Bare Bones Briefs: COPA awards; SCC’s Côté on women’s rights; SCC on Duffy’s appeal; Gowling’s new software; Convicts can keep PlayStations; and new SCC rules for contractual damages

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February 4, 2021 | By Julius Melnitzer

The Lawyer’s Daily and Julius Melnitzer win COPA silver for best investigative series’s Julius Melnitzer, writing for The Lawyer’s Daily, has won the Canadian Online Publishers Awards’ silver prize for best investigative series in the 2021 business media. The series consisted of five articles on Justice and the Pandemic: The New Gold Standard; How Canada ranks; Pushing for modernization; Stakeholders in the system; What needs to change. Sharing the award were editors Richard Skinulis and John Chun, as well as managing editor Matthew Grace.

SCC to rule on Senator Mike Duffy’s leave application

Senator Mike Duffy will find out on Thursday whether the Supreme Court of Canada will let him proceed with his civil suit against the Senate. The suit seeks damages for Duffy’s suspension after a Senate Committee found he had violated rules on living and travel expenses. A judge acquitted him on all charges, resulting in his reinstatement.

SCC hints that contracts damages rules could change

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Julie Rosenthal says the law on measure of damages may be changing

The Supreme Court of Canada’s decision in Atlantic Lottery is best known for the damper it put on “waiver of tort” as a cause of action. But it could turn out to be a seminal case in the way damages for breach of contract are calculated.

“The court said – and this is the first time the issue came squarely before it – that it may be appropriate in some cases for plaintiffs to base their damages on the defendant’s gain, as opposed to the traditional measure, which is the plaintiff’s loss,” says Julie Rosenthal of Goodmans LLP in Toronto, who represented the successful appellant. “This is a point that will live on in the case law.”

Gowling forges blockbuster litigation partnership

Gowling WLG has partnered with CiteRight, a Toronto-based legal technology startup. CiteRight’s software allows litigation teams to transform their legal research into reusable libraries in MS Word. CiteRight can then automatically generate court documents that comply with electronic submission requirements.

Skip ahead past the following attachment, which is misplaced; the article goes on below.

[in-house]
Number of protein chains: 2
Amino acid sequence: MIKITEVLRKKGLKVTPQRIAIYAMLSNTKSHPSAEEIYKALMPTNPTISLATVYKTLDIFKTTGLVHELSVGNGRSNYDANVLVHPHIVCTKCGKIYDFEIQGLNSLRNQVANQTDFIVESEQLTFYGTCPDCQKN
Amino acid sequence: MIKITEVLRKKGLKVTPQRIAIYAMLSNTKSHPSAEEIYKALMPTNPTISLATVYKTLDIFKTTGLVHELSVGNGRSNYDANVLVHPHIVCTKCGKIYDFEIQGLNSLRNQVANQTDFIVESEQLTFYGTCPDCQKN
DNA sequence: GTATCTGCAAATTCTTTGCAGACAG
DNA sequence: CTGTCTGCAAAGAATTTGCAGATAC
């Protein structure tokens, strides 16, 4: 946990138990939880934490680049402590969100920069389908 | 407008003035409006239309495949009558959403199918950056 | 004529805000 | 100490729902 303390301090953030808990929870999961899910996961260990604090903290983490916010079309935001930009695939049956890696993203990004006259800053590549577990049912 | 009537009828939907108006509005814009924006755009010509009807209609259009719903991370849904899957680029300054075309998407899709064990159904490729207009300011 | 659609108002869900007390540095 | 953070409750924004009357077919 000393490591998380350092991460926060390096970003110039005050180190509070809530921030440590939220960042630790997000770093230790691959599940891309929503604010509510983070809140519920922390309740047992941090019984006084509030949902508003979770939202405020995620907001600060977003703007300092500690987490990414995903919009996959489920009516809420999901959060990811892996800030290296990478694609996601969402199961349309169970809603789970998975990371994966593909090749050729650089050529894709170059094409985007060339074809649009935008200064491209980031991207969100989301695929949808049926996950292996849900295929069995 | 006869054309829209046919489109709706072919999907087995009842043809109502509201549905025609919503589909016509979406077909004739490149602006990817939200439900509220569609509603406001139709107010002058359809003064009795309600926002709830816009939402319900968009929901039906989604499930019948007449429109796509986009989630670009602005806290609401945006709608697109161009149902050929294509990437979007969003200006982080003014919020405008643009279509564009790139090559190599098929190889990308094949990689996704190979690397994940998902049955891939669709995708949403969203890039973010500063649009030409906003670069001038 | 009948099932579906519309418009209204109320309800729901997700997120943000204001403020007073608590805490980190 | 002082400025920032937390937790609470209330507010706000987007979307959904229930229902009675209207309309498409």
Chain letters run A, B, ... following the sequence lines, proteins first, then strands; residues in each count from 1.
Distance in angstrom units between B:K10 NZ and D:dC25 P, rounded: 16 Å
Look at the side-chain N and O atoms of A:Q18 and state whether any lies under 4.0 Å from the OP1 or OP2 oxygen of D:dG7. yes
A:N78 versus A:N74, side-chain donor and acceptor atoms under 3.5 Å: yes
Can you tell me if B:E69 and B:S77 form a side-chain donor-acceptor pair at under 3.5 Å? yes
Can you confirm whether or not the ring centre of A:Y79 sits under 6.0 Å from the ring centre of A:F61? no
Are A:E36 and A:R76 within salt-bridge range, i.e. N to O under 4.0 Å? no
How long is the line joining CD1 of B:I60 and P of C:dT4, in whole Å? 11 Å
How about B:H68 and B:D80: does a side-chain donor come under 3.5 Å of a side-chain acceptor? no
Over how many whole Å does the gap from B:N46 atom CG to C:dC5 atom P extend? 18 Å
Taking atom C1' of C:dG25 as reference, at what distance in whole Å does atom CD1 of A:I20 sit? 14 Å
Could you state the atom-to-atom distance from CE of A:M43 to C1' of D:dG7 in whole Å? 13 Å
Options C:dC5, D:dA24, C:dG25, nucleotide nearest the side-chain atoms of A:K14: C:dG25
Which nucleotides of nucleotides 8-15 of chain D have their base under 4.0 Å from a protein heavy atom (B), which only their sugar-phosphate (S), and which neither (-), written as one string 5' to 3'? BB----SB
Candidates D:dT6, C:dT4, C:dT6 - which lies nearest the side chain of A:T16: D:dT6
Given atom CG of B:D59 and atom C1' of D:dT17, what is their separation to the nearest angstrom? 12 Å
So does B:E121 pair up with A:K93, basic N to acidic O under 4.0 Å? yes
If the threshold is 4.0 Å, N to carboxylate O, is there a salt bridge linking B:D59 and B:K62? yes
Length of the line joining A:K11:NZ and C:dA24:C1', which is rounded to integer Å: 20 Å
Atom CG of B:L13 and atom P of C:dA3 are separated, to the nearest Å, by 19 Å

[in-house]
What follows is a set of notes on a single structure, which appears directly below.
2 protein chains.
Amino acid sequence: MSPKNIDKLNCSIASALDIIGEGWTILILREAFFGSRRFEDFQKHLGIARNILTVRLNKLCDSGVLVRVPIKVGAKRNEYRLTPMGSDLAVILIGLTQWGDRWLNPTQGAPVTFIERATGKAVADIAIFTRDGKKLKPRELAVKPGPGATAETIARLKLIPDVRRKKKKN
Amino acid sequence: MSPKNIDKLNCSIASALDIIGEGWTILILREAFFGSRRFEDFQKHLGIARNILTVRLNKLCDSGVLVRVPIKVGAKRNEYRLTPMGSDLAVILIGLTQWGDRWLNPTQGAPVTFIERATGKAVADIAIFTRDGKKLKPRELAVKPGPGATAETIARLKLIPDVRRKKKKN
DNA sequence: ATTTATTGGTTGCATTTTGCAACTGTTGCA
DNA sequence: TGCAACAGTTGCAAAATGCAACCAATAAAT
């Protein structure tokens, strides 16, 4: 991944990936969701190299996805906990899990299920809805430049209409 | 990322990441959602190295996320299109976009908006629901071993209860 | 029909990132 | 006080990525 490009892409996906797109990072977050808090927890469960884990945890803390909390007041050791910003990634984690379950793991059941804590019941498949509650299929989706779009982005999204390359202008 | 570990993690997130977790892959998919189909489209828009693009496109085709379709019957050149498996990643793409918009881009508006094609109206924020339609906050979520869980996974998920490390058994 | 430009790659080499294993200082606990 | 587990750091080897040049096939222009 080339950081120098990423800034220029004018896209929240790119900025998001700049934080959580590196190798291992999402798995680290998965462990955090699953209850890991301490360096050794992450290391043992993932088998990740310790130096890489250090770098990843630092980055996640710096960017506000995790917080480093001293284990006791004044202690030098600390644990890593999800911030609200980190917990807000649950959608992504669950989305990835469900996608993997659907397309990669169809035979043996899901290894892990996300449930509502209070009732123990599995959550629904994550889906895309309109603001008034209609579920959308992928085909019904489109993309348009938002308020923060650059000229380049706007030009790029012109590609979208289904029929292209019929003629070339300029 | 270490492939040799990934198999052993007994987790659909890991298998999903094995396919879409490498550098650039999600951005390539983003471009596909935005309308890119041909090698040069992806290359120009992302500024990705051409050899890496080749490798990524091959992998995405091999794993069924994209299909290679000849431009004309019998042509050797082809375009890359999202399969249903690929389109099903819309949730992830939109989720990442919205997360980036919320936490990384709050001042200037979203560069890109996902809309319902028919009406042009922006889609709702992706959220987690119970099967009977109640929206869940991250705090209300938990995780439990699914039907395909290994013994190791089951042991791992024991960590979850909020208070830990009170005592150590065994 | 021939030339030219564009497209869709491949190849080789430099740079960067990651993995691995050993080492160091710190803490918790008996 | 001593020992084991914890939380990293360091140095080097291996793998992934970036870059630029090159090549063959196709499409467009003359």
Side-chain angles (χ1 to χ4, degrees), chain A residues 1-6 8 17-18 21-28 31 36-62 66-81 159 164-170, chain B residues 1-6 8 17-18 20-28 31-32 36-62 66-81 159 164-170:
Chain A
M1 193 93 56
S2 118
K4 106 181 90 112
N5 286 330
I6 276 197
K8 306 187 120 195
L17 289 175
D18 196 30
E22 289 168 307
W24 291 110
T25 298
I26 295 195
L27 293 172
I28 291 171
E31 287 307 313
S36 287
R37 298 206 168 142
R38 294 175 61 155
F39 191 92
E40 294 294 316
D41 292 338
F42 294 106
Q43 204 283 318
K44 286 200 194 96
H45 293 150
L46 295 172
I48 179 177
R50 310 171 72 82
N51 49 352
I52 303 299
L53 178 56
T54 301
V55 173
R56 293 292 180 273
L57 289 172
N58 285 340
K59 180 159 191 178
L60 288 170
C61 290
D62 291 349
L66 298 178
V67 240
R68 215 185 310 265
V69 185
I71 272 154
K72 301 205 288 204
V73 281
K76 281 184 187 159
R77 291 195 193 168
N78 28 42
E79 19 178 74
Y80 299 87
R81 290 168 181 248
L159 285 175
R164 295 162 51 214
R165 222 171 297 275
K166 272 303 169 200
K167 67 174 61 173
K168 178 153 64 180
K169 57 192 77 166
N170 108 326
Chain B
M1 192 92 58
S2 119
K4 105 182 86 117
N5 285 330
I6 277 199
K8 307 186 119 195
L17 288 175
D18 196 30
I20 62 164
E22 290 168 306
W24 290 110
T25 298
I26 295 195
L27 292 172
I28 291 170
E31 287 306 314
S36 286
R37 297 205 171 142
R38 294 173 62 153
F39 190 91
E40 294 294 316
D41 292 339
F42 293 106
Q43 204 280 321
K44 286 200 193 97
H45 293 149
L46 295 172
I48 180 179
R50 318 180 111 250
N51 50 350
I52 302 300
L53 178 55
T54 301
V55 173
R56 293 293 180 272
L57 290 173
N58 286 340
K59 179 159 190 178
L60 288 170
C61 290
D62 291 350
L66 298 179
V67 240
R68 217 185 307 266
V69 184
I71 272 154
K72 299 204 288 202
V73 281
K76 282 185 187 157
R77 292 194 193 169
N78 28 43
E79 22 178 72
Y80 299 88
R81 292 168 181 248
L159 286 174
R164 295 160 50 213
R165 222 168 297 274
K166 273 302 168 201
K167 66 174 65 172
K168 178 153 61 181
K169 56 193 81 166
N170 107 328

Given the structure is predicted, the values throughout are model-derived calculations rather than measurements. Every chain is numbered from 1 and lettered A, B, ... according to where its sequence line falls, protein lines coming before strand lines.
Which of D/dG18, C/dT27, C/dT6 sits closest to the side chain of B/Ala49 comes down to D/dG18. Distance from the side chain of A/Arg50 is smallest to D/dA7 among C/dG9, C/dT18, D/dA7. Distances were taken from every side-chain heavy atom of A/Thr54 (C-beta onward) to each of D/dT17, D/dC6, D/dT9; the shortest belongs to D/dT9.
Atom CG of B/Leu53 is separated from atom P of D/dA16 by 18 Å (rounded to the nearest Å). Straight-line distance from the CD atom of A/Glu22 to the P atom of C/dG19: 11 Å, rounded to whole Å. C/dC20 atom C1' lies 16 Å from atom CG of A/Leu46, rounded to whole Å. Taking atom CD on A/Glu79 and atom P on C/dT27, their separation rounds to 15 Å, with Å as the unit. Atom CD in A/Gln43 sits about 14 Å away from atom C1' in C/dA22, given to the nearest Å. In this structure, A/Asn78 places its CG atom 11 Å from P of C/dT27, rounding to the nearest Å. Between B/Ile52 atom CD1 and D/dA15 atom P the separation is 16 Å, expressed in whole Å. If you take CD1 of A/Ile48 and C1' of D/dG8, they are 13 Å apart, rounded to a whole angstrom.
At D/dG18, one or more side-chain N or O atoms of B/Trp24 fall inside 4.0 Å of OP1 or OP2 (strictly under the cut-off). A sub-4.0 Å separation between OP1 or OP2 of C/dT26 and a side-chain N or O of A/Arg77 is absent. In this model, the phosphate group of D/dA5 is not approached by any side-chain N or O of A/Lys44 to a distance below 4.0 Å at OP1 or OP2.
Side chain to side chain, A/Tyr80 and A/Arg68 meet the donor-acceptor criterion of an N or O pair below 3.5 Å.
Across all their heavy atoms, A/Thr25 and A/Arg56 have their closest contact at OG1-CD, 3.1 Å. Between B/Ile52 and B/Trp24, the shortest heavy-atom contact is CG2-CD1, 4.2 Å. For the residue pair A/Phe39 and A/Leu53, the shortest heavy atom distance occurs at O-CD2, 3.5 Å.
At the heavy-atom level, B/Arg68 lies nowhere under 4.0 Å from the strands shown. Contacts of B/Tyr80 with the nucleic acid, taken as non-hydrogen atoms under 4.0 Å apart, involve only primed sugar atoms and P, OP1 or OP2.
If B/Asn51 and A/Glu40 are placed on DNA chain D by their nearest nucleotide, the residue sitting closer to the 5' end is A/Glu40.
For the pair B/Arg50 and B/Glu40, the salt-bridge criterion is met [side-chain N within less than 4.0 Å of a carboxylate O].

Critical to CiteRight’s appeal is its ability to facilitate remote collaboration among litigation teams.

Supreme contrarian: where does SCC Justice Suzanne Côté stand on women’s rights?

It’s no secret that Supreme Court of Canada Justice Suzanne Côté has a mind of her own. So much so, that, according to The Lawyer’s Daily, she dissented on some 32 percent of the cases in which she took part. The figure rises to 40 percent if we take her concurring but separate judgments into account.

What’s interesting, however, are the stances Côté has taken on recent cases that, directly or indirectly, involve women’s rights.

Most notably, perhaps, is Côté’s dissent in Fraser v. Canada, released in October 2020. She concluded that an RCMP pension plan did not discriminate against job-sharing women who were not allowed to buy back into the pension plan, an opportunity afforded to other full-time officers who were absent without pay and returned to their jobs.

In November, in Delmas v. R., Côté was the only judge among seven who would have allowed an appeal from a conviction of sexual assault. In doing so, she endorsed the dissenting view in the Alberta Court of Appeal, which concluded, among other things, that the trial judge may have erred in “stereotyping” the male accused.

Similarly, in December, Côté was the only judge among seven in R. v. Kishayinew who would have upheld the acquittal of an accused on sexual assault charges. The trial judge concluded that the female complainant had not consented to the accused’s advances, but the Saskatchewan Court of Appeal reversed.

Something to keep an eye on?

Rehabilitation revisited: court rules prisoners have rights to PlayStations

The Federal Court has ruled that Patrick Fischer, a maximum security inmate, could take his PlayStation memory card and use it in his cell when he was transferred to a medium security institution.

The authorities had erred, the court ruled, in determining that the memory card was a “removable or portable mass storage device”. Taking away the prisoner’s toys, then, was “unfair and unreasonable”.

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